It means you can no longer expect people to hear about your product, visit a store and buy it.

It’s less about selling a product in a subscription world, and more about building a lasting relationship with customers while listening to what they say – scary stuff for those stuck in the broadcast-only mode of old!

However, for those wanting to take advantage of this, it’s important to not throw the advertising baby out with the bath water.

Marketing a subscription brand doesn’t require a completely new approach (Byron Sharp still has a role to play!) – instead, it’s about adapting existing practices around the following 5 stages:


  1. Go out and meet people

Advertising isn’t dead, and neither is broad-reach targeting. With subscription services now seeing mass adoption, the need to target based on niche behaviours or marketing criteria is no longer necessary. Subscription brands need to be reaching as many non-buyers as possible to convert them into members.

  1. Invite them over

 Participation is key in a subscription world in which free trials have been instrumental in the success of brands like Spotify and Amazon (out of Spotify’s 157 million users, 71 million pay a monthly fee to subscribe).

It’s important to offer free trials to customers so they can ‘try before they buy,’ but it’s equally important to be clear when payments start, as no one likes to be sprung with a bill they weren’t expecting.

  1. Get to know them

Really take the time to understand their needs – after all, subscription services gather vast quantities of information based on a customer’s preferences. Use this data to understand how they’re using your service, when they might be dropping off, and what improvements they want made. It’s what has made Netflix such a runaway success, and can feed into every element of the business – from product development to marketing.

  1. Engage and nurture

Build value by focusing on the subscription experience, and ensuring the journey is as painless as possible.

All it takes is one bad experience to lose a customer forever­ – which, in a service reliant on forging long-lasting relationships, is the kiss of death. In 2011 this happened to Netflix – they lost 800,000 customers and their share price dropped 80%. Why? Because they introduced new pricing packages without consulting their customers.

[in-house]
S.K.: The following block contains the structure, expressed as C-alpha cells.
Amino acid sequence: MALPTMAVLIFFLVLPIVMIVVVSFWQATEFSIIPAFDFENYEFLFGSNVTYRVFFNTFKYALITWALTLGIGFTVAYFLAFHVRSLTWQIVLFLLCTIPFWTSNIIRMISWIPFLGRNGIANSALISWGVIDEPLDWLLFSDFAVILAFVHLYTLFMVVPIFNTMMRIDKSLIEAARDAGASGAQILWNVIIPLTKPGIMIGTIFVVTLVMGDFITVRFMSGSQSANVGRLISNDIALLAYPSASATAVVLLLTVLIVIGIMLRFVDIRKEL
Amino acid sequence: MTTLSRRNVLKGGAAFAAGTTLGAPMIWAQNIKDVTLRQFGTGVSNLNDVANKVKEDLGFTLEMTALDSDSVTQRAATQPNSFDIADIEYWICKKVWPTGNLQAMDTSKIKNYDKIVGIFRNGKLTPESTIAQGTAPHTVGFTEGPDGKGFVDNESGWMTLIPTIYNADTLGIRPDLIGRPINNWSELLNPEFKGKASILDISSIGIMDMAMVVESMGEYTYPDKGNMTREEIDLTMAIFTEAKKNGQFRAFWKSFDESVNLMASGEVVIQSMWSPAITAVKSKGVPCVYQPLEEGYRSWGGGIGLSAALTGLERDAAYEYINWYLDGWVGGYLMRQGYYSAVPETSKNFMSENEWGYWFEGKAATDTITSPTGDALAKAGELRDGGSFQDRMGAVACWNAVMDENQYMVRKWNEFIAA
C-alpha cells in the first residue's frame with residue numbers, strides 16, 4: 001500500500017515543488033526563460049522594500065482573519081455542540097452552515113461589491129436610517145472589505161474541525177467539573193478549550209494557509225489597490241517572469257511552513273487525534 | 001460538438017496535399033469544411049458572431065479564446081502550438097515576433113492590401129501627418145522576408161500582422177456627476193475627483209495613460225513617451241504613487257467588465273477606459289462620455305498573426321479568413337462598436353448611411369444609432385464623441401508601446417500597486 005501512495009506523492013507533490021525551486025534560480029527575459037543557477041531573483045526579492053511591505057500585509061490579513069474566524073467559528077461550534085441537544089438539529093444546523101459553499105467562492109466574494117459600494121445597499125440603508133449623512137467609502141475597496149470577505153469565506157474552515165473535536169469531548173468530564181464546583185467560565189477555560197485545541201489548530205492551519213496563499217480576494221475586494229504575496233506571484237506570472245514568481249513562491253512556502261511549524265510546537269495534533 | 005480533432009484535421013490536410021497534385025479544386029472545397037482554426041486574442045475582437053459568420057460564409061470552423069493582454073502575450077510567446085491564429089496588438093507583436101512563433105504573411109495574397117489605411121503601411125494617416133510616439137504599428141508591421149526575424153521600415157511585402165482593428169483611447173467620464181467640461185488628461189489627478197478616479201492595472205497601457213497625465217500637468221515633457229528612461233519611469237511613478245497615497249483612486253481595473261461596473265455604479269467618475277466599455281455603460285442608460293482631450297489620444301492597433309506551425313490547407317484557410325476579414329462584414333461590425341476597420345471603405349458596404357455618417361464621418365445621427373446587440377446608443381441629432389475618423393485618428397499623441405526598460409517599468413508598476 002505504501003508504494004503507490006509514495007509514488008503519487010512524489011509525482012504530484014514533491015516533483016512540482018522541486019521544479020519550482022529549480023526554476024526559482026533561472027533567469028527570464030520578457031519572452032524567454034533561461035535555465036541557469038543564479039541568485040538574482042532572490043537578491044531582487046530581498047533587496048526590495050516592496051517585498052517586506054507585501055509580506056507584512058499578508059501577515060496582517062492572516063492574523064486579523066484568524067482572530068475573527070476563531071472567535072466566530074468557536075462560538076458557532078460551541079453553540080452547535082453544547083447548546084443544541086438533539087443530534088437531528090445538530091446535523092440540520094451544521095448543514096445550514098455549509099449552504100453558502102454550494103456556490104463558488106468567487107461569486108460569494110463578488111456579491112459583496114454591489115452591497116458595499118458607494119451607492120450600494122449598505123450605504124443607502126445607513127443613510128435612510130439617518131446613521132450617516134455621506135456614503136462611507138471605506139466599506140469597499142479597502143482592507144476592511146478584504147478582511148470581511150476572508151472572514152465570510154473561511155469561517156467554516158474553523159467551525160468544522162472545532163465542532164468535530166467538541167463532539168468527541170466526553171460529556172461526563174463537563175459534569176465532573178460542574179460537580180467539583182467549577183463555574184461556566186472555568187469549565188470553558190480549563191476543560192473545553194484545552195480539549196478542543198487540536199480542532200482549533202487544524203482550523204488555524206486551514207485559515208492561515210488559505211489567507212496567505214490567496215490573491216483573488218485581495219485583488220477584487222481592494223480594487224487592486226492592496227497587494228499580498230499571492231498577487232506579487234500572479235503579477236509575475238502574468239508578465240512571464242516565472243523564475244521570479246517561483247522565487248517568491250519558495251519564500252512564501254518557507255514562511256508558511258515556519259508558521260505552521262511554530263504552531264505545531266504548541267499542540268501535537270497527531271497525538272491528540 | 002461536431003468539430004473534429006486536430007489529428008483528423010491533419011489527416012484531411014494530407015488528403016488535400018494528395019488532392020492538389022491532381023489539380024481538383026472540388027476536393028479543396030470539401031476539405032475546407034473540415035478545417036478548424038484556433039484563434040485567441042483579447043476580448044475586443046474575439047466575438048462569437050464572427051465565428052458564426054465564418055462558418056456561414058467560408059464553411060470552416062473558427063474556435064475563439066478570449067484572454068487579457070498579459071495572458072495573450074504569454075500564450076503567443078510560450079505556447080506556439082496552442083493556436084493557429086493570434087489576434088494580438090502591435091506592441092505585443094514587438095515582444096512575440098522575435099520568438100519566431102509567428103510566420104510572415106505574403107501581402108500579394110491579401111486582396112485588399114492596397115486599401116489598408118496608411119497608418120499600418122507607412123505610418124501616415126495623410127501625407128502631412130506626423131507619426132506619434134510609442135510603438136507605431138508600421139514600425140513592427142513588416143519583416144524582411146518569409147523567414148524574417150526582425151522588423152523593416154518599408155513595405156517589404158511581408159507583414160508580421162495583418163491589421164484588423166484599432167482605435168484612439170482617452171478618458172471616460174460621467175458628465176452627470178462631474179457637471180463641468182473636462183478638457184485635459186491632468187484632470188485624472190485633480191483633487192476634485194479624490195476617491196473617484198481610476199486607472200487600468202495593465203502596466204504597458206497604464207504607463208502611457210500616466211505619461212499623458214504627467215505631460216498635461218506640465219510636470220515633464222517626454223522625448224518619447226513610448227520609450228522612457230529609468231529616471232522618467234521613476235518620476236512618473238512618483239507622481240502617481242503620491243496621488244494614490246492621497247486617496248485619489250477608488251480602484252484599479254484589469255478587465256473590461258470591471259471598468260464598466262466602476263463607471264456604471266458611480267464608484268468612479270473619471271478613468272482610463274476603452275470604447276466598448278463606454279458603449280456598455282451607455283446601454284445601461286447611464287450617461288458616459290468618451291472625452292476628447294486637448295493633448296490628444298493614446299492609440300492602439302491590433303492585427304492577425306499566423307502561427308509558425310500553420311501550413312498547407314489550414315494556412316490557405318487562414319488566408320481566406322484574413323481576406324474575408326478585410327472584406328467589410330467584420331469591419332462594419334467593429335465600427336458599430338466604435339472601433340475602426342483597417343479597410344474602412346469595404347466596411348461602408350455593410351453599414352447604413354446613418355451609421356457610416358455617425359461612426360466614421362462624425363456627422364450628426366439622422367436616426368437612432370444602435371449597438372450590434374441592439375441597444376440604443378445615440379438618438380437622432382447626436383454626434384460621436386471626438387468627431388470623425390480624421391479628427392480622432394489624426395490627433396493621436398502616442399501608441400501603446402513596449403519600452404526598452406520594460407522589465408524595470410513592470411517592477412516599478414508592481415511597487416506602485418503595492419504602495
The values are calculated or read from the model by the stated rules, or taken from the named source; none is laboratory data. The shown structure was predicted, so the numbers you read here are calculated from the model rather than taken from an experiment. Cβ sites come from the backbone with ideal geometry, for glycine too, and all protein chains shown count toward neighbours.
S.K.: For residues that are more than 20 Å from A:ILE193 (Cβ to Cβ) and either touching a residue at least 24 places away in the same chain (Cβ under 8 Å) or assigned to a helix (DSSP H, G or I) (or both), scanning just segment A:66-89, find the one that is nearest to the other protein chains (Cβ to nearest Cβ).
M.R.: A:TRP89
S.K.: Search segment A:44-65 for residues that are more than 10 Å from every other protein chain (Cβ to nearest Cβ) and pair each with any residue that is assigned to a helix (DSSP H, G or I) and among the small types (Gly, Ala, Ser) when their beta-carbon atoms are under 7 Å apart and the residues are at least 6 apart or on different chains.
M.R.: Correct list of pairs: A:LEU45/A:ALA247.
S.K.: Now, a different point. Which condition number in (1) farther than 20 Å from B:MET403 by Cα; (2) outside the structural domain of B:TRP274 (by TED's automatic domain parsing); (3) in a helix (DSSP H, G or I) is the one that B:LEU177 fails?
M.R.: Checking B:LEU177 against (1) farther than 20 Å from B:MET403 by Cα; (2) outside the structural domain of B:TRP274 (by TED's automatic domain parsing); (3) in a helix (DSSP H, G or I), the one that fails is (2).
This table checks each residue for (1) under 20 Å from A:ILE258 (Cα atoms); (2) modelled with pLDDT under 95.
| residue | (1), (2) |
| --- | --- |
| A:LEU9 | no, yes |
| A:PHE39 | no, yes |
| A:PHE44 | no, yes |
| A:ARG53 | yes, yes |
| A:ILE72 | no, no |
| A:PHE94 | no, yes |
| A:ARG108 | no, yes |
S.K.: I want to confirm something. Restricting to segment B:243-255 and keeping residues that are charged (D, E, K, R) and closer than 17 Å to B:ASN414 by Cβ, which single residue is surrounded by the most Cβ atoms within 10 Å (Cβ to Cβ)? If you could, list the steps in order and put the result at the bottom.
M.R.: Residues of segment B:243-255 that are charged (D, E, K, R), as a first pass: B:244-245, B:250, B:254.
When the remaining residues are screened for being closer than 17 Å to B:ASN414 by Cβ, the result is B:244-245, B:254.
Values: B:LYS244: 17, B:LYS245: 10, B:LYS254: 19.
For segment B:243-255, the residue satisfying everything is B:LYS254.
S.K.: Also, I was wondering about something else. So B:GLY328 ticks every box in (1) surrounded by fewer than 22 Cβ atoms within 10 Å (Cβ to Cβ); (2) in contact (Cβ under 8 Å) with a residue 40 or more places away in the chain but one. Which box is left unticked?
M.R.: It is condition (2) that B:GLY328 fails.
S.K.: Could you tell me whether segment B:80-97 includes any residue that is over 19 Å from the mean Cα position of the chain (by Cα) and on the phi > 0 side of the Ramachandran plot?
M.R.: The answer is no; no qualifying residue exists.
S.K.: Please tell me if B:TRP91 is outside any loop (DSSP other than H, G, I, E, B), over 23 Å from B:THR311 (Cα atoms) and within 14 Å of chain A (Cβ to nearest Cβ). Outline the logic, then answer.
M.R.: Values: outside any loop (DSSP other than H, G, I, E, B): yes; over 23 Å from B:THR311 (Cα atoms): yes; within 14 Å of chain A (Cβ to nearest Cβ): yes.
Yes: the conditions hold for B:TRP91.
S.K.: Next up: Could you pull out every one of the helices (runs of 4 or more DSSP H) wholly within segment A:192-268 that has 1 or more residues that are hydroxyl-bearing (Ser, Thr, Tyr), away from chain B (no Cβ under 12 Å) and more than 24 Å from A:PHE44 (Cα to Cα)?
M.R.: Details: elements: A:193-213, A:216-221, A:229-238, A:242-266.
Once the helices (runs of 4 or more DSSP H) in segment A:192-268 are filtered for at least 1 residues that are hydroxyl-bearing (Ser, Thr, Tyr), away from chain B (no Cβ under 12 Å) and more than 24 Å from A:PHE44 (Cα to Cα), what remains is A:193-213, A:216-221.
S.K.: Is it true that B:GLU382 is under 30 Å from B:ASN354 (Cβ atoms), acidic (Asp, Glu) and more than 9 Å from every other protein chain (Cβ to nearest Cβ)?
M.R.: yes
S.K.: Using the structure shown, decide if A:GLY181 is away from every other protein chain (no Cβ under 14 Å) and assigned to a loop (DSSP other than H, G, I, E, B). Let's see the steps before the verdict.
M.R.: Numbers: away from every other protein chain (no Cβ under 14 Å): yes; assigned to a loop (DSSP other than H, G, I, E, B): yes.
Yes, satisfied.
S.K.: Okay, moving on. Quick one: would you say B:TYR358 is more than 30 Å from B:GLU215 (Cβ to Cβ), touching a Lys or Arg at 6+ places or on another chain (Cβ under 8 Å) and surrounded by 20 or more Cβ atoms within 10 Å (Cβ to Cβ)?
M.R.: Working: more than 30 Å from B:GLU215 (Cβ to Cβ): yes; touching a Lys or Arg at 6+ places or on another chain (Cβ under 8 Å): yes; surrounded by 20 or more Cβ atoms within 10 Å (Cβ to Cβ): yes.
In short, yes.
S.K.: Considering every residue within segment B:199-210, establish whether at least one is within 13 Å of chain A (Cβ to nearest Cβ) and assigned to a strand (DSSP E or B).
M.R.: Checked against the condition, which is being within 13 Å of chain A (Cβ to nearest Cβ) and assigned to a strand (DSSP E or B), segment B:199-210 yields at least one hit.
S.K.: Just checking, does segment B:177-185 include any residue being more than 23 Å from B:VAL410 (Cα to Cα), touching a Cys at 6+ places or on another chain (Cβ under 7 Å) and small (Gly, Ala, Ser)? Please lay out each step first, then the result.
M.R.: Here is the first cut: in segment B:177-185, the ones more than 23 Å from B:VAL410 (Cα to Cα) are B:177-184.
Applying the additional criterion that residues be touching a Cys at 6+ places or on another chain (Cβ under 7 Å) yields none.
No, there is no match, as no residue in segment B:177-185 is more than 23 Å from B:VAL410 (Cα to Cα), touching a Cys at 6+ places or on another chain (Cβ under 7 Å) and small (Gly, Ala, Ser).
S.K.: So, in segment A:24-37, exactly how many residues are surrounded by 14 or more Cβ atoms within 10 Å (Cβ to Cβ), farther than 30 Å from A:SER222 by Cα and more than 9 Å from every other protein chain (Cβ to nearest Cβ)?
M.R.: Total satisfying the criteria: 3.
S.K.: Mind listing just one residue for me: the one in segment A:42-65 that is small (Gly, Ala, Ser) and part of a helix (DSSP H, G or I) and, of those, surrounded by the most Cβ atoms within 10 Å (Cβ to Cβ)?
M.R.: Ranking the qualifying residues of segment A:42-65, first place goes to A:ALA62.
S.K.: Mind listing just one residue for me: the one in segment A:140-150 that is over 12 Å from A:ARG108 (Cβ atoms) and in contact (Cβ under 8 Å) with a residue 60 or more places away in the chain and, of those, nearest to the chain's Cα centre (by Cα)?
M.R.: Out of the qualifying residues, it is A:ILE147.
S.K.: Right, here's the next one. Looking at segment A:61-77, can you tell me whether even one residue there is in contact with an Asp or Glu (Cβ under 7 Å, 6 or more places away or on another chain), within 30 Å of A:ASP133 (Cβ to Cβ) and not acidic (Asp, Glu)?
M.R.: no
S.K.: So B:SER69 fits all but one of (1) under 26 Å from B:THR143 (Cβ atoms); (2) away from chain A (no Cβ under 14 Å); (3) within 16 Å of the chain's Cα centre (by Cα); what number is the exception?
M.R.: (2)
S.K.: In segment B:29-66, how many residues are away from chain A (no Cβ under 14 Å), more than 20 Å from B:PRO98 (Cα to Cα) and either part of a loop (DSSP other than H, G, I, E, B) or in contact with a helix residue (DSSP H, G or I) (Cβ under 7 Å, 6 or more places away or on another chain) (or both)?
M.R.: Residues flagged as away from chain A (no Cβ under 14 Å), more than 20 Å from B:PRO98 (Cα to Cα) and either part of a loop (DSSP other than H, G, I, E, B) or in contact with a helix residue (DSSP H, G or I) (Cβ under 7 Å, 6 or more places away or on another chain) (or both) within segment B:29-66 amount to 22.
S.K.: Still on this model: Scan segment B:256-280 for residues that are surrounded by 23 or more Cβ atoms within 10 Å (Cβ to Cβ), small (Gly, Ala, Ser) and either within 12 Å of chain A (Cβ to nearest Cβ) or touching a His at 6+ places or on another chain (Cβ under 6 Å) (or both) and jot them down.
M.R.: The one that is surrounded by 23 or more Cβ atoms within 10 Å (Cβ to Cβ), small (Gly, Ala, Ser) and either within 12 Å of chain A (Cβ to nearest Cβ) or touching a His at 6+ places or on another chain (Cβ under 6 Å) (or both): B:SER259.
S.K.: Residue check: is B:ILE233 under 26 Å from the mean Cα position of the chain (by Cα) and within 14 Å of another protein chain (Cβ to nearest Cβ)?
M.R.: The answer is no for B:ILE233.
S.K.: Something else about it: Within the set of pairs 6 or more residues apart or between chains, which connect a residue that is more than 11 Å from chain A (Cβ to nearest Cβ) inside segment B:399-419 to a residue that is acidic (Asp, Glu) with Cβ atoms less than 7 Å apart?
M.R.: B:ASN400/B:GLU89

Netflix violated the No.1 rule of subscription businesses – it’s all about the relationship

  1. Foster and share those relationships

Create a community, keep them loyal, and encourage them to get out there and spread the word.

Subscription services are as reliant on word of mouth and positive reviews as they are on advertising. Find ways to develop your customer community, allowing them to steer the direction of your business, and ensuring they develop a sense of identity from being a member.

Your service should become a badge of honour that they publicly share, reflecting to the world who they are, and what they stand for as a person.


How Collider can help

If you’re considering adopting a subscription model, and want to know what this means for your marketing, we think we can be of assistance.

Know your audience

In a world where the customer is king, understanding what their needs, aspirations and dislikes are is critical.

We bring together the world of search, social and planning to develop a nuanced understanding of what makes your customers tick – ensuring we create memorable marketing which resonates with who they are.

Finding the best route to market

With the rise of channel fragmentation, and with the abundance of digital channels now available, it can be hard to figure out what channels are most effective.

We look holistically at the customer journey, and approach the best route to market based on what’s best for the brand, ensuring you’re getting the best bang for your buck.

Creating experiences that matter

When building long-lasting relationships, the experience you provide is key – irrespective of whether it’s online or offline.

That’s why we see every customer touch point as an opportunity to capture the imagination, delivering experiences that not only engage people, but drive them seamlessly through to purchase.

Next Steps

From product launches to live events and exhibitions, we have a history in engaging audiences in fresh and unexpected ways.

In order to help marketers launch a new brand or service, we’ve developed a launch radar self-assessment tool that allows brands to score and quantify their launch strategy – ensuring the most effective launch possible.

In a changing world, brand momentum is everything, and creating great ideas that move people will take you from ordinary to extraordinary.